Saturday, April 11, 2009

History since 1715 - UCLA lecture series

The University of California Los Angeles is like San Diego and Berkeley one of those few institutions that bring lectures as podcast each semester and allows us to download independent of iTunes. The UCLA courses come in a large variety of disciplines and many of them are also available on video.

The course I have started, and which has gone off with a good start, is History 1C - Western Civilization 1715-present (feed). As usual, the first lecture is full of administrative stuff that needs to be taken care off before the course can begin, but in stead of skipping this lecture (which is usually a food idea) I'd recommend to stick with it and get some thoughts about the use of words like West, Civilization and Modern.

I always knew you cannot call anything history without it being a history among many other valid ways of narration. Pinpointing any history as being about the West, about a Civilization and about Modern Times, necessarily also carries some political and historic implications, but I hadn't had it specified until now. It turns out that talking of the West, is something that in the US has not been done until WW1. In Europe, lecturer Lynn Hunt claims, this word is not used at all, although I feel this may change very rapidly now. At least in Israel we clearly think as The West being a cultural conglomerate of North-America and Europe which is to be differentiated from the East and the Islam world, although boundaries are not so clear (where does Japan go?). Calling it civilization and modern, demotes elsewhere and since when to a lesser position.

Despite nasty audio trouble, I stuck around for the second and third lecture, where the beginning of the era is tackled from the perspective of how ideas can affect history. We get the Enlightenment and th French Revolution to show this. I hope the audio will improve soon and then this is just the perfect course.

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Sentiments in international relations - NBIH podcast review

New Books in History (NBIH) keeps me excited. Now I have listened to an interview with Robert Hendershot about his latest book Family Spats: Perception, Illusion and Sentimentality in the Anglo-American Special Relationship. Hendershot, in short, concludes that on a sentimental level the US and the UK feel connected and that this keeps the political relationship close, much rather than interests and concurrence in international policy.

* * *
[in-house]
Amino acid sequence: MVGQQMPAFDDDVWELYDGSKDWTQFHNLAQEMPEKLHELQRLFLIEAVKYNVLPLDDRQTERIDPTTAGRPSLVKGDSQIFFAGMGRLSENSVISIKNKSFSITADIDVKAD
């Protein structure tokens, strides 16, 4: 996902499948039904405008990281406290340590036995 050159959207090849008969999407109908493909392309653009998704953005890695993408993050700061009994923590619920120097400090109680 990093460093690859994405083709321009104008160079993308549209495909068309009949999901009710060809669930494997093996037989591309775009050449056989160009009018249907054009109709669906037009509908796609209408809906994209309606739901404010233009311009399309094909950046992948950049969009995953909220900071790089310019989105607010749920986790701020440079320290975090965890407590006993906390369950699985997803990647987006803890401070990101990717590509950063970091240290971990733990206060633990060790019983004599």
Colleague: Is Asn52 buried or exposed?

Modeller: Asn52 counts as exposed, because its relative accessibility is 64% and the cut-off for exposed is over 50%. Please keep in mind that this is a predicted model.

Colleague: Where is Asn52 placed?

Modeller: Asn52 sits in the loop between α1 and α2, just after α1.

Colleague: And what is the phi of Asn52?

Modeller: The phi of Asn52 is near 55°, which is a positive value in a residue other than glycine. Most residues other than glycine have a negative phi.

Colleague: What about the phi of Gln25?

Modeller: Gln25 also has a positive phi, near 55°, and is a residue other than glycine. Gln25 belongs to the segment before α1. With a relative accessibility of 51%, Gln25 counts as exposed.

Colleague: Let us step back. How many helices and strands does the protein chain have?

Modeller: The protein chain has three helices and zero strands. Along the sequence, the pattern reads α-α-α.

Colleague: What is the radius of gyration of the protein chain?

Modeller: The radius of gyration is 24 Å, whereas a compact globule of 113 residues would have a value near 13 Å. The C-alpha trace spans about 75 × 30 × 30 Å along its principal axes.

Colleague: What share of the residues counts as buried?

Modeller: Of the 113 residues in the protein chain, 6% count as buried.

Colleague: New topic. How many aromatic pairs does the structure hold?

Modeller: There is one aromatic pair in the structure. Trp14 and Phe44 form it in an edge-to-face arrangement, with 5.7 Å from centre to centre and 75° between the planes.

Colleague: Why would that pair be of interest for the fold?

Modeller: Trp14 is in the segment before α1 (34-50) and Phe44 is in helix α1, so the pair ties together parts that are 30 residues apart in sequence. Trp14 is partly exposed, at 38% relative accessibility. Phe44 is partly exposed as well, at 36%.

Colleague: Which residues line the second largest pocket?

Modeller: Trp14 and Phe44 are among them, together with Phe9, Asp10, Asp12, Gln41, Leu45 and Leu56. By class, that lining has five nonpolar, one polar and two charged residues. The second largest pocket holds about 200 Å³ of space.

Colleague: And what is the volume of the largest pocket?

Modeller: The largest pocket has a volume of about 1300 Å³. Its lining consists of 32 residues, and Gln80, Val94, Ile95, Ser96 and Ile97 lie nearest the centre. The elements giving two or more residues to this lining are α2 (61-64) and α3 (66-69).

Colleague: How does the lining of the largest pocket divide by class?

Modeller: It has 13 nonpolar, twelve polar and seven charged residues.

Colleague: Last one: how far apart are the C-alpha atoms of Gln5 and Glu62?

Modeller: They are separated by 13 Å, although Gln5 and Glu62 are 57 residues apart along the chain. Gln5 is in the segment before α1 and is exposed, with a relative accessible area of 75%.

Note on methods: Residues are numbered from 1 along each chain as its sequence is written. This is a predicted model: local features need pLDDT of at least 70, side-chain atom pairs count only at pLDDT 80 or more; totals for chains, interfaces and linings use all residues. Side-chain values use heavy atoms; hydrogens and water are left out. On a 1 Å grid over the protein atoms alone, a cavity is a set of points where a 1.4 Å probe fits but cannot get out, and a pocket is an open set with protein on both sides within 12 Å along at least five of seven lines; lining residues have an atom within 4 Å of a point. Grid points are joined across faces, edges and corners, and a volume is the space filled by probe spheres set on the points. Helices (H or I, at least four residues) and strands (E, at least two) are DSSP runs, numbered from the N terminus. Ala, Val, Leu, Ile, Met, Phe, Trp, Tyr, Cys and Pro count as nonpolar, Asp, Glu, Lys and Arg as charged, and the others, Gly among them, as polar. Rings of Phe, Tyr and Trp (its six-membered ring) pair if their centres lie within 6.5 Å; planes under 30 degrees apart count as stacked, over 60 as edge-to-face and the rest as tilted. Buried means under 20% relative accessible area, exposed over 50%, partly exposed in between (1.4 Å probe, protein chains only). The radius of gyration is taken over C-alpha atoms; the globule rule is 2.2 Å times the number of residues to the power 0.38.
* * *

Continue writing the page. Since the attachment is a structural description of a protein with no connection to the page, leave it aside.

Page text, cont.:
Listening to the interview is simply fun. Marshall Poe is a very inspiring interviewer. He is genuinely excited about the book. He has insights in the subject, but makes sure that it is Hendershot who is talking. And talking he does. In a smooth and natural fashion we get from his background to the making of this book. It turns out he already had the feeling that the close relationship of the US with the Brits was more one of a cultural, perceived than of a political, established kind, but the point is: how do you prove such.

The US and the UK have had, at times, bad relationship from a political standpoint. Like for example in 1956 during the Suez Crisis. So how can you show that even then, the two countries feel connected and the storm will pass quickly? It just so happens that because of the Cold War the US government invested in research compiling statistical data about the people's perception of other nations, inside and outside the US. Hendershot had access to these archives and could stave his ideas with hard data.

More NBIH:
Samuel Kassow and the Warsaw Ghetto history,
Ronald Reagan,
Evolution, genetics and history,
Kees Boterbloem about Jan Struys.

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